Work blunders can be painful. But dang, you can learn a lot from them.
A few months ago I wrote about three particular mistakes I made at work
- Not bargaining for higher pay or more benefits.
- Not speaking up about something that you’re unhappy about.
- Gossiping. (Read the full post here.)
But let’s not pretend that these were the only mistakes that I’ve ever made. C’mon now.
The following round out my top-10 list. (Who doesn’t love lists on the Internet?) You’re welcome to cringe and/or roll your eyes, but my big ask:
Learn from my mistakes.
4. Not adequately proofreading job application materials. Here’s an example of my stellar proofreading skills in one particular cover letter: Nov. 11, 213. In case you were wondering: no, I did not get that job.
5. Overpreparing for an interview: With graduation looming and no job in sight, I sent resumes and job applications out as fast as I could, all while writing my master’s thesis and taking graduate-level coursework. Good times, as you can imagine. I finally scored an interview for what seemed like a perfect job for me, and with what seemed like an overwhelmingly high (to me) advertised salary. So in the week I had between when I scheduled the interview and actually interviewed, I did everything you’re supposed to do: Internet stalked the interviewers, studied up on the organization, talked through the job with a mentor, practice interviewed with my delightfully tough partner, read a bazillion how-to interview articles. I even stuck post-it notes of talking points to refer to on my drive there, arrived to my appointment 15 minutes early. All good. But due to having to contend with the whole grad school thing, I put an absurd amount of pressure on myself–because I needed to get this perfect job. This general wound-up-ness didn’t help in the least. I felt stiff, stilted, and I spit out rambling, unfocused answers that the interviewers eventually stopped jotting down in their notes. While I did everything right in terms of preparing for the interview, I forgot to relax. Make no mistake: you need to do your homework, you need to practice, you want to do your best–but it’s a damn conversation with whomever is interviewing you. And you’re also interviewing these folks, too. You’re there to impress them, but they need to impress you, too. In retrospect, those particular interviewers were mildly disorganized and not too interested in me, it seemed–one of them uttered an alarmingly audible sigh as he entered the conference room (thanks?)–and had I noticed that, I’d have probably paid more attention to my skepticism radar and less to my sweat glands.
6. Not making an effort to get to know coworkers in a new workplace. If you’re new to a job, always accept any and all invitations to lunch, coffee, happy house. You need to get to know the people you’re working with, and stepping out of your office to do so is an efficient way to do just that. I’m obscenely introverted and socially flakey, so the idea of a 20-minute coffee break with a group of eight extroverts makes me cringe. I skipped many of these coffee breaks in one particular job… but I also did not bond that group for a quite a while. Not that you’re trying to be great friends with your coworkers. But understanding the group dynamics at play and learning how to interact with individuals cannot be learned any other way than being in contact with these coworkers. you need to figure out who these people are and how you can work together. Just do it.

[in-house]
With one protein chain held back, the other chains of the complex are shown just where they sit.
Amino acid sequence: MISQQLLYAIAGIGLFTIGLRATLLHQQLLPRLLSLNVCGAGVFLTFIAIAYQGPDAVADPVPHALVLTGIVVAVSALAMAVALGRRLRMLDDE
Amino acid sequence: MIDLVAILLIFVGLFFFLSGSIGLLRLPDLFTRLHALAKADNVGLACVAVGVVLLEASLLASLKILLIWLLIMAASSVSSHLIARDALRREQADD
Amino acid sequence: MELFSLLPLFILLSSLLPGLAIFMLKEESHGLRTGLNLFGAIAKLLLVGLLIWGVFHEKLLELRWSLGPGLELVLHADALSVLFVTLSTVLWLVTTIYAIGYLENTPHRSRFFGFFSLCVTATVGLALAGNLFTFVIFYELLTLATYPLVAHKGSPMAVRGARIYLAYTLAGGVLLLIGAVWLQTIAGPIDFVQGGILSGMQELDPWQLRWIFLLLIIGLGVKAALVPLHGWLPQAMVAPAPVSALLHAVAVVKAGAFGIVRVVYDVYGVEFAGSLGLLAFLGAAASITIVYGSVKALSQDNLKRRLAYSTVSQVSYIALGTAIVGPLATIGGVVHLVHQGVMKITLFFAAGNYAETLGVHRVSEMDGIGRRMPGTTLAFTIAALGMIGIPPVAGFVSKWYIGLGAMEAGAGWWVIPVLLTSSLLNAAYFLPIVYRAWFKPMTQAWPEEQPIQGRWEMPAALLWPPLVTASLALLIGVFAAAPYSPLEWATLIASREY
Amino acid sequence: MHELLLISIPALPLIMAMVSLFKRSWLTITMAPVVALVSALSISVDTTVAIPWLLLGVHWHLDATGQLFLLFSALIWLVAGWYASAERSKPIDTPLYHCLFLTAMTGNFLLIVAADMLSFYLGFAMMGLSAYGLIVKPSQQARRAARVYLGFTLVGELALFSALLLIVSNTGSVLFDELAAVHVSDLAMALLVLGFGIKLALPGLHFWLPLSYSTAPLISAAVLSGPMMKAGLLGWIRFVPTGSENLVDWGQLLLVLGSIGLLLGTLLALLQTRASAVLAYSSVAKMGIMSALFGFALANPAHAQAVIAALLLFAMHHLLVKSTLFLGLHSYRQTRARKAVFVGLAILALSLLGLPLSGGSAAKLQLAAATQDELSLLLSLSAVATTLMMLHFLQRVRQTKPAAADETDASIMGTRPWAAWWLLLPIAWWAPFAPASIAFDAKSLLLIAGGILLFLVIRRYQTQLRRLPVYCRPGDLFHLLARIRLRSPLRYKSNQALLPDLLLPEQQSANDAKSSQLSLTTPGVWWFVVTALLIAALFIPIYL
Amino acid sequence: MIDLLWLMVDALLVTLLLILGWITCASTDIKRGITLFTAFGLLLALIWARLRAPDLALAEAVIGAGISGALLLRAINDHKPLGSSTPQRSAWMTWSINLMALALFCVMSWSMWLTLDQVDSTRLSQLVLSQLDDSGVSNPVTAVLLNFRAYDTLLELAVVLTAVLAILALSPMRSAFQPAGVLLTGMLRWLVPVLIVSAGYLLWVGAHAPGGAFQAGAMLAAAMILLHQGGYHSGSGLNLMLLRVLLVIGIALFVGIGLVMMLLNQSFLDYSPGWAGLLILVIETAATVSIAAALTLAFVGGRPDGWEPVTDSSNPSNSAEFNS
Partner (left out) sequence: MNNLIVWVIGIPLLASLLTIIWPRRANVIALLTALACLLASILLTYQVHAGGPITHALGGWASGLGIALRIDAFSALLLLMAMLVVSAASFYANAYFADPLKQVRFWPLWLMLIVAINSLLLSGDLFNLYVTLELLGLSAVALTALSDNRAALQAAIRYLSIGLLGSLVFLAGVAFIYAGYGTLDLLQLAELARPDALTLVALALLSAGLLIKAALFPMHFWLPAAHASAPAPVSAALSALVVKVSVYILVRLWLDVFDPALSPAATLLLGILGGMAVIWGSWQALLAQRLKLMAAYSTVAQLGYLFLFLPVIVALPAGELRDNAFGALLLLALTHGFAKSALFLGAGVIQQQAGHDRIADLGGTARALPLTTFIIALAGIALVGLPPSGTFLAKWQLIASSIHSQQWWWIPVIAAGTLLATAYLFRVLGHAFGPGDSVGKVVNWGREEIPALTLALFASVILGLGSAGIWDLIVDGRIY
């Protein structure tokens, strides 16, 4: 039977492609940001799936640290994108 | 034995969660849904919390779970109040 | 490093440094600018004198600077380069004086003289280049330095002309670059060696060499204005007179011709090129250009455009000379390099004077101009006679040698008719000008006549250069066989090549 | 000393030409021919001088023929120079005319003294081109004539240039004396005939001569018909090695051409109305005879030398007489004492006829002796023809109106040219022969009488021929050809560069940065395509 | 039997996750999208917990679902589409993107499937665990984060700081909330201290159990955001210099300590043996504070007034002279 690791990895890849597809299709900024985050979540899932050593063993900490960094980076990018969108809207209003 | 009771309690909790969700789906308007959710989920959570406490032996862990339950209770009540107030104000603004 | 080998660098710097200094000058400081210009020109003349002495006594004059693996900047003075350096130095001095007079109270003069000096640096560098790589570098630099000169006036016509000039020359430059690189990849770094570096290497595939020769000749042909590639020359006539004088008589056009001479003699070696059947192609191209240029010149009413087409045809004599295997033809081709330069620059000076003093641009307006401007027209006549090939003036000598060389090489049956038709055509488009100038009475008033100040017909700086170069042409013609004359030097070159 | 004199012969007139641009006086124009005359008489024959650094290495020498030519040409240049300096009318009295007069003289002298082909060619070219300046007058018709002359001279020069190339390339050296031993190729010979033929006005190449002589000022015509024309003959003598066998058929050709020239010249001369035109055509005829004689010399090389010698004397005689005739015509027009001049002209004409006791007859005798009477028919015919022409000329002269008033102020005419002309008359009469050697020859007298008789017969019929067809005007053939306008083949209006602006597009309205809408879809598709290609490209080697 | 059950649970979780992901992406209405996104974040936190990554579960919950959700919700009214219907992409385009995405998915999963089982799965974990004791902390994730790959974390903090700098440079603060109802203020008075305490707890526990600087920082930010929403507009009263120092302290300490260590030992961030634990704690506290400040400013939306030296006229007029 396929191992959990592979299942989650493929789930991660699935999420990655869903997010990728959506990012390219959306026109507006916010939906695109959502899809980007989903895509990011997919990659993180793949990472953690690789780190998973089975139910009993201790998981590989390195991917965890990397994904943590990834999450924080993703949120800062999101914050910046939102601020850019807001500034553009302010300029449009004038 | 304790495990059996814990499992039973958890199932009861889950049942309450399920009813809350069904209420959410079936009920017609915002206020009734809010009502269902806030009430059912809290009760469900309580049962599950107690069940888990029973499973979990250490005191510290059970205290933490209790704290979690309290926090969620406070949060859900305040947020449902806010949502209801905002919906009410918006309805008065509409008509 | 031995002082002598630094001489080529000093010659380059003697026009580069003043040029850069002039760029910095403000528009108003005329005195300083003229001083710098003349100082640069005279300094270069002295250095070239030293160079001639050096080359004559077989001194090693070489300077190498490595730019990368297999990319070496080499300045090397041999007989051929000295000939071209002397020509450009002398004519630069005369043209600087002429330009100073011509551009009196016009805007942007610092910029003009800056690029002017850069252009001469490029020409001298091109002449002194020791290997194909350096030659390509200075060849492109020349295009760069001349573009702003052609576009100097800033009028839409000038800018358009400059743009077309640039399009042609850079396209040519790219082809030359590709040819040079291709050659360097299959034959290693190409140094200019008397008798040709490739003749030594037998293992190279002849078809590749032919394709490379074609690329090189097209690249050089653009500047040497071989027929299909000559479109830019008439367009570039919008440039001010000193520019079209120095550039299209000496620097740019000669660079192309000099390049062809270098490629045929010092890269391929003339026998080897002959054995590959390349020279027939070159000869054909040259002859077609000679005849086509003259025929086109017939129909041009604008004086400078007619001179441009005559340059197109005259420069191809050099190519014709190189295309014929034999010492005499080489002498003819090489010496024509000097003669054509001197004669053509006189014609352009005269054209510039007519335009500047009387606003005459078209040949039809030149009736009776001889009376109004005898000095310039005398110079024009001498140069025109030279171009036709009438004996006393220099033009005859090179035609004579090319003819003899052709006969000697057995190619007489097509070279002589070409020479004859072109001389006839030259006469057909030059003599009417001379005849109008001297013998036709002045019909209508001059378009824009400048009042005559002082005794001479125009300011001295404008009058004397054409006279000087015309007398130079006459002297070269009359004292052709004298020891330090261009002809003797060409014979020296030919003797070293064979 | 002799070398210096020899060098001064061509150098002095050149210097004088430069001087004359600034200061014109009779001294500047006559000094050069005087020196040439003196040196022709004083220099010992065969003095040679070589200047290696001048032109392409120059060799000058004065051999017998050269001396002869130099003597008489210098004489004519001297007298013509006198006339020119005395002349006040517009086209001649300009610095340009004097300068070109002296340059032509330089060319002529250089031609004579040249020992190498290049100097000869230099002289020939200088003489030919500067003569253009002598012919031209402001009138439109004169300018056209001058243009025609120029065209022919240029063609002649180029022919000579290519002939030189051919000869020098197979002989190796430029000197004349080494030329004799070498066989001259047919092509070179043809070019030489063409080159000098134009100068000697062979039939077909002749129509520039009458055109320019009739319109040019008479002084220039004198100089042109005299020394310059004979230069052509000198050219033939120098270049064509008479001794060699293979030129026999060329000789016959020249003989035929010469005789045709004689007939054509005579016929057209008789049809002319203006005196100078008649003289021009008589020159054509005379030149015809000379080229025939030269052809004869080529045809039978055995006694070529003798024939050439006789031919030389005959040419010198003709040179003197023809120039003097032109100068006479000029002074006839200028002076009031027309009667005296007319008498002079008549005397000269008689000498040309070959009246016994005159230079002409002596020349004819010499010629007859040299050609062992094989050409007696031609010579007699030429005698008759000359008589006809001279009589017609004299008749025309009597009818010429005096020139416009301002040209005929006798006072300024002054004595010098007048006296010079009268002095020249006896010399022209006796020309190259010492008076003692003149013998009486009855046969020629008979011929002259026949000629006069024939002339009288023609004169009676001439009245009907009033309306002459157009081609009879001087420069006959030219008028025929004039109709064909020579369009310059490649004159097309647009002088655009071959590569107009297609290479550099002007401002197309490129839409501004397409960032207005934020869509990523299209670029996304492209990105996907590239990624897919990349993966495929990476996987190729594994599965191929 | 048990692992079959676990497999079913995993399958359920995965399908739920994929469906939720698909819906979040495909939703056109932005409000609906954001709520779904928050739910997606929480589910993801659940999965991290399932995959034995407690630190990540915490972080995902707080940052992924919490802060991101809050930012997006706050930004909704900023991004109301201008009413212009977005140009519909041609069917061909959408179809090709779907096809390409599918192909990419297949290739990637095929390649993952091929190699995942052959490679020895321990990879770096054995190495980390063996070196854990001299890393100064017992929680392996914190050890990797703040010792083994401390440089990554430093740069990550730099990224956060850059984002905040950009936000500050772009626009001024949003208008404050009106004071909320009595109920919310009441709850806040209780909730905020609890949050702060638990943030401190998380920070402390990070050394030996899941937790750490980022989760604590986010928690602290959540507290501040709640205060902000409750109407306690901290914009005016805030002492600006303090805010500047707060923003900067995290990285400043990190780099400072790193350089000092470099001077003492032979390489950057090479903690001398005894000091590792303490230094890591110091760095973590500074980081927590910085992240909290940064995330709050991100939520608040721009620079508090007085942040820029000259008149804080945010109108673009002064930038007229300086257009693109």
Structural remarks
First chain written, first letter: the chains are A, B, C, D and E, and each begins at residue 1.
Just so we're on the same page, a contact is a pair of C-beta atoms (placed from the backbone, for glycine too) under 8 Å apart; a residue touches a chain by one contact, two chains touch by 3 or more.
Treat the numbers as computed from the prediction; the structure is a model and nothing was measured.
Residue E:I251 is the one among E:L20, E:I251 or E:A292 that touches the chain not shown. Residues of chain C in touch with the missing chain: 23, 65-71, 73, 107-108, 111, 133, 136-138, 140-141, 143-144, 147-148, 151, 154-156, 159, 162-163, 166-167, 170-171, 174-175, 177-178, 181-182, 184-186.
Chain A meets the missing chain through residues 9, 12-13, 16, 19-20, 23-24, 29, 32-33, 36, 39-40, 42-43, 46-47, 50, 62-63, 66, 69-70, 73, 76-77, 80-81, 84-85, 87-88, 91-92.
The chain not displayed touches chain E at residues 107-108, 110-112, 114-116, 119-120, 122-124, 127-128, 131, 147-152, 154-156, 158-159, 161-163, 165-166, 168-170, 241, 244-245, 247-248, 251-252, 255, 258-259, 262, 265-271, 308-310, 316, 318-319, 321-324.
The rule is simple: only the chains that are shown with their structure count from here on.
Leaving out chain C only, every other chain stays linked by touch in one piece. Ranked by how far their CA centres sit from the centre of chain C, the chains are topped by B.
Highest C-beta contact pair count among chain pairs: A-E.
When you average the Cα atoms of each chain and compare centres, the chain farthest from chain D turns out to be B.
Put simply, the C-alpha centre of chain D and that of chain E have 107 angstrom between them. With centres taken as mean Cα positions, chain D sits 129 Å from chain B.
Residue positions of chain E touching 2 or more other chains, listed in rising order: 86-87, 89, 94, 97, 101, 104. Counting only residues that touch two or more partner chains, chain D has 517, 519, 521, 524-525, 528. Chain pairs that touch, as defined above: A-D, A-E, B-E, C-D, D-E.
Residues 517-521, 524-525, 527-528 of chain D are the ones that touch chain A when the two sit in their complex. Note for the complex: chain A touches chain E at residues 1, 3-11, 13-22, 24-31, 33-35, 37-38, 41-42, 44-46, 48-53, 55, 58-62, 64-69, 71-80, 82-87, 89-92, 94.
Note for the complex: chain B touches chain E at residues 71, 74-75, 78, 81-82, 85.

7. Expecting to be BFFs with your coworkers. Tagging on to the last point–yes, you’ll be spending a great deal of time around these people. But expecting to be instant BFFs with any or all of them is setting yourself up for disappointment and not establishing good boundaries. There’s a good chance you’ll meet wonderful people at work. Some of my dearest friends and generally favorite humans are people I’ve met at work. But relationships take time. Don’t force something that isn’t there.
8. Not having a solution. Don’t idly complain about something at work to your boss without having a solution. In my current job, I used to have a task that I hated. Why did it take months for it to be dropped from my list of responsibilities? Because it took me months to come up with a plan to provide my managers to implement that would shift responsibility elsewhere.
9. Letting a job define me. Detailed elsewhere on this blog, this was a huge problem for me for a long time. A career can be no-big deal for some and immensely important to others, but your job is not you. You are you. I thought my $13/hour job as a reporter and profession as a journalist was intrinsic to my being to the point where I held myself back from other exciting opportunities that paid better and would still let me be creative and feel important.
10. Not preparing enough for a presentation. The best advice I’ve received about presentations is to prepare as much as you can and then wing it. You’ll know your stuff but your audience will be wowed by your natural delivery. This I did not do during my master’s thesis defense. I certainly had enough other crap to deal with at that point in time (applying to post-graduation jobs, tip-toe-ing around the possibility of a meltdown as I prepared for a single job interview, revising essays with titles like “Cicero, Isocrates and the liberal arts tradition,” etc. But this isn’t an excuse for not putting in the time to prepare. Consequently, the presentation did not go smoothly. I dropped way too many “um”s. I sweat a lot (yes, this is a theme). Did the world end? No. Did I pass? Yes. Was this particular experience of my graduate career a good lesson? Hell, yes. I’ve had high-stakes presentations since with executives and other bigwigs at my current organization, and I worked my ass off to prepare for all of those. And they all have gone incredibly well.
I have one more thing to ask. What mistakes have you made at work? And what did you learn from them?